Gadzooks isn’t a common word anymore. Fair enough. But this one is too good to pass up, because there was a time when you didn’t want a mother, schoolteacher, or priest within earshot when foul phonemes crossed your lips.
To the medieval mindset, obscene language was a very different breed. A map could direct you to a glade called “Fuckinggrove,” and no one would glance twice. If anything, the name was a selling point. But take the Lord’s name in vain, swear by him flippantly, or request He damn someone to hell, and you’ll find yourself outside the bounds of polite society.
In fact, it’s this Middle Age link between religion and vulgarity that gave us many of our contemporary euphemisms: swearing, profanity, and curse words.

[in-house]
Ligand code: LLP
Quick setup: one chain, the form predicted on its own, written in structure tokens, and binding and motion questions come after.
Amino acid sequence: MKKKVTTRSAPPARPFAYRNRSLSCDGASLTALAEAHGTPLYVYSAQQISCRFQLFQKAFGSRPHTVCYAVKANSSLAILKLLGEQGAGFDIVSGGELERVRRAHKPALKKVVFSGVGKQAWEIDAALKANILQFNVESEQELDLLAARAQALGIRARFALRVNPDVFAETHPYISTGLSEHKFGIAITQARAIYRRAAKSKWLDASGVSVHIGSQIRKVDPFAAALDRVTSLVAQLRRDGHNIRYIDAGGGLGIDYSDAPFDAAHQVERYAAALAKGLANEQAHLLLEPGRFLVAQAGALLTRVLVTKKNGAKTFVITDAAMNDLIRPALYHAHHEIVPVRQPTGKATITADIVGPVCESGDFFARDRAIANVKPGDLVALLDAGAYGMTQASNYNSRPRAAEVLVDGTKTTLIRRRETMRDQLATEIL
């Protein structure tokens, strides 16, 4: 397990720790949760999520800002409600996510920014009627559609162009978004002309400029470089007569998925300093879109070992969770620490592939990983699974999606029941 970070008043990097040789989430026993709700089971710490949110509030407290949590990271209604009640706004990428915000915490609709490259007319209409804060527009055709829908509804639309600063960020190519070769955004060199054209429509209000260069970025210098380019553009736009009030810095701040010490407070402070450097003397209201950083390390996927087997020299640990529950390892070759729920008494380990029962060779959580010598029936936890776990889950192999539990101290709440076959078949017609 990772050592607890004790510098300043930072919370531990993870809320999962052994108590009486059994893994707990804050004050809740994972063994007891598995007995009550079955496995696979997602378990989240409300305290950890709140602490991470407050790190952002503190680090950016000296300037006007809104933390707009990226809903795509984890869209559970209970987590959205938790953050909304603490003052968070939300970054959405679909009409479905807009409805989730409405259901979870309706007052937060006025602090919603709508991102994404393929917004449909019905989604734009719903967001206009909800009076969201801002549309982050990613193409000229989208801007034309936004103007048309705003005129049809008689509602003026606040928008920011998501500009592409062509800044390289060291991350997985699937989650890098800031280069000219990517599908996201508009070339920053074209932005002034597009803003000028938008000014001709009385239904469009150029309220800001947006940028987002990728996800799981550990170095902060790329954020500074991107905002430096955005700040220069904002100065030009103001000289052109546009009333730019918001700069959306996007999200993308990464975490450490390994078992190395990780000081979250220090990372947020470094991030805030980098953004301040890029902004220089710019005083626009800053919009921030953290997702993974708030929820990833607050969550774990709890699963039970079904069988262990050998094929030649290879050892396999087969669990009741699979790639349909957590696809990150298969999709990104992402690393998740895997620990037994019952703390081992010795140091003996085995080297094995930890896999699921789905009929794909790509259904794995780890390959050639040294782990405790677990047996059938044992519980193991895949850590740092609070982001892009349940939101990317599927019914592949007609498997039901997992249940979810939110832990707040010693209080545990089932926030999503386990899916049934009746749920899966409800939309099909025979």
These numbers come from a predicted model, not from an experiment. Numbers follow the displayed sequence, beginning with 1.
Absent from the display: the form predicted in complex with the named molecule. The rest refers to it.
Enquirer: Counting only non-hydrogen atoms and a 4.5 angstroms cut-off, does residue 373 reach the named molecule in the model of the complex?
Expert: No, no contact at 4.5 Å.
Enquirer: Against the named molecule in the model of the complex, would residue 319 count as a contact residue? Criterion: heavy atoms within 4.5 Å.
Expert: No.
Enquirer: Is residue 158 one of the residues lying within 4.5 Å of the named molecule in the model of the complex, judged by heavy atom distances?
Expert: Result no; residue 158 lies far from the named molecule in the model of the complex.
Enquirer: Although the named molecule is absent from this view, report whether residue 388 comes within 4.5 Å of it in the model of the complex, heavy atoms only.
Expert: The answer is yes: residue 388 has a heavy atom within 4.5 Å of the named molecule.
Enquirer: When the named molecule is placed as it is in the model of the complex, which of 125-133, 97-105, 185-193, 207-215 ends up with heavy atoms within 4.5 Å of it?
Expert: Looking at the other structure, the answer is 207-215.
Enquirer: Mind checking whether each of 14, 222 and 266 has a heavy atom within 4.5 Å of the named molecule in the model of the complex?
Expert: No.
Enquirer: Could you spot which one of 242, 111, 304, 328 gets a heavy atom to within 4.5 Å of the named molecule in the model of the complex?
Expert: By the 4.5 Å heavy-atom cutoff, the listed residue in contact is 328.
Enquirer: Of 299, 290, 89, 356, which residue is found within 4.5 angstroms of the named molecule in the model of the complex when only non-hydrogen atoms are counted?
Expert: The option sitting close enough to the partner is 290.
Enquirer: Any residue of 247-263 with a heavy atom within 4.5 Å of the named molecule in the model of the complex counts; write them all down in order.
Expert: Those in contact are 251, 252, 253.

What does this have to do with gadzooks? As linguist John McWhorter points out in Nine Nasty Words, a curious habit of medieval profanity was to swear on Jesus’ or God’s body parts, such as the “archaic-sounding eruptions” of By God’s nails and By God’s arms. Gadzooks is one such expression, coming from the equally archaic By God’s hooks (that is, the nails of Christ’s crucifixion). Another is zounds, which is derived from By God’s wounds (again referencing the crucifixion).
And if you’re wondering how gadzooks came from God’s hooks, know that the “gad” comes from egad, a workaround for exclaiming “God!” It’s part of a whole history of words designed to take the Lord’s name in vain without taking the name. Others include cripes (Christ), jeez (Jesus), and jeepers creepers (Jesus Christ). How medieval people thought they were fooling an omniscient being with this coded language is anyone’s guess.
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